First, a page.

Rabbi Shmuley Boteach
Do you get along with your spouse's parents? It can sometimes be hard to establish a good relationship when you marry into another family. Rabbi Shmuley discusses how to get along with your in-laws.
  • Always show respect to your in-laws. They are your spouse's parents, so disrespecting them is like disrespecting your spouse, Rabbi Shmuley says.
  • Honor your in-laws, even if you don't feel affectionate toward them. "Sometimes you love your in-laws and it really works out, and sometimes you don't bond as much, and that's okay as long as you always honor them," he says. "You can't always control your emotions, but you can control your actions."
  • Never accuse your spouse of being just like his parents. "It's a low blow and invites the same accusation in reverse," Rabbi Shmuley says.
  • If you have issues with your in-laws, go and talk to them. Never lose control in their presence.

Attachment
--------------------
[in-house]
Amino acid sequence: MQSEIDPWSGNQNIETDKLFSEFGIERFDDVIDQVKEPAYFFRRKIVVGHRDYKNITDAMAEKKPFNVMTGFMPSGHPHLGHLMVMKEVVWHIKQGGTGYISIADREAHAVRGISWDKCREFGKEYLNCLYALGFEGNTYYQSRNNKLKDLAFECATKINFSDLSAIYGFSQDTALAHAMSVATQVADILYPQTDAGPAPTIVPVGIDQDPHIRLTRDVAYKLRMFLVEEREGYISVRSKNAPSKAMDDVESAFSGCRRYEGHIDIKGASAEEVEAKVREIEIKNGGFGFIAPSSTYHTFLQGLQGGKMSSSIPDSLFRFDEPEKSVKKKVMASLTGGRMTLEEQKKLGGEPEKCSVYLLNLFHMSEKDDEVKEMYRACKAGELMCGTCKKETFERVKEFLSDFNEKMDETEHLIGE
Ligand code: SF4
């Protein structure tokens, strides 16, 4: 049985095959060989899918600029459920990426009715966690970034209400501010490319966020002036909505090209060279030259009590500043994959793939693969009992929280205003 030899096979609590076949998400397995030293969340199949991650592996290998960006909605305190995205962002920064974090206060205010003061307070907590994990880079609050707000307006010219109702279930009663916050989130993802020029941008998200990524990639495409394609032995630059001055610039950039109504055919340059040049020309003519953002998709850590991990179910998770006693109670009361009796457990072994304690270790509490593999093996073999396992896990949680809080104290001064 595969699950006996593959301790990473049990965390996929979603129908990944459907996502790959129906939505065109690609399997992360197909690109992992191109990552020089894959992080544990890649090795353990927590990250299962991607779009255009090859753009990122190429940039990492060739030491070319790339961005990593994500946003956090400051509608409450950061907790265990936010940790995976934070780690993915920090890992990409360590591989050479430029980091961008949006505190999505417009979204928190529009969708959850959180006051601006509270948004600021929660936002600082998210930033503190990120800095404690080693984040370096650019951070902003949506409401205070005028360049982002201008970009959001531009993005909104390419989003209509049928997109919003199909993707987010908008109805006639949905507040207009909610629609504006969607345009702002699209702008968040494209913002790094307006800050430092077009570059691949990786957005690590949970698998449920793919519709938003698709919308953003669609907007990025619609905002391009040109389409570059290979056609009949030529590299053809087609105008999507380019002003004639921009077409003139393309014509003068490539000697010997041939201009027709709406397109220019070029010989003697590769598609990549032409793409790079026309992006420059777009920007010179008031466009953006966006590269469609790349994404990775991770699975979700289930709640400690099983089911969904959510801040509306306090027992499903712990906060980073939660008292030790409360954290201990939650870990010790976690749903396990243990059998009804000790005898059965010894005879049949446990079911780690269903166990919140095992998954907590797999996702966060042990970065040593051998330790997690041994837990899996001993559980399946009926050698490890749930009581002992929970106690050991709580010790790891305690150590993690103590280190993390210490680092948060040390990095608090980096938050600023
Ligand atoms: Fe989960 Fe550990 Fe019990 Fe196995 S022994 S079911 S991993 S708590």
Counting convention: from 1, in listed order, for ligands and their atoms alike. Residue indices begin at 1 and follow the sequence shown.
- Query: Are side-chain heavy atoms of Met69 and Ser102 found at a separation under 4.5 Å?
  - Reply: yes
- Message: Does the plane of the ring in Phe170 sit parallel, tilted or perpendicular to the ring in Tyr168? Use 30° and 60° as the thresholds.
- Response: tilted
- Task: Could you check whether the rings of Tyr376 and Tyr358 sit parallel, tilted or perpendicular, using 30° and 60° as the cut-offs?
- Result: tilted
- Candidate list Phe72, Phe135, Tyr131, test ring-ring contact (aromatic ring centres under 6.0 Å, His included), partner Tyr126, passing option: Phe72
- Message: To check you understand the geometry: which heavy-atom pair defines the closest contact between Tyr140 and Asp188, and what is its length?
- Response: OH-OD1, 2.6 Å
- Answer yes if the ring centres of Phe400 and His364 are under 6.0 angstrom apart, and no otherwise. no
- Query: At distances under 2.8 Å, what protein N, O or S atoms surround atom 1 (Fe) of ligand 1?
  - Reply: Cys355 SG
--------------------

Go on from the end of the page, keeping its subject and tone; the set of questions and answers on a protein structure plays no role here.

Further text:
• Teach your kids to honor their grandparents. Your in-laws will always appreciate it, and it will endear you to them.
  • For in-laws—give your married children space. Don't try to control them. "Don't try and tether them to the family," he says. "By all means, make them a part of the family, but don't force it."

Today's Shmuleyism
"Your in-laws are your spouse's parents. You must therefore always honor them, even if you don't feel affection toward them. While you can't always control your emotions, you can always control your actions."
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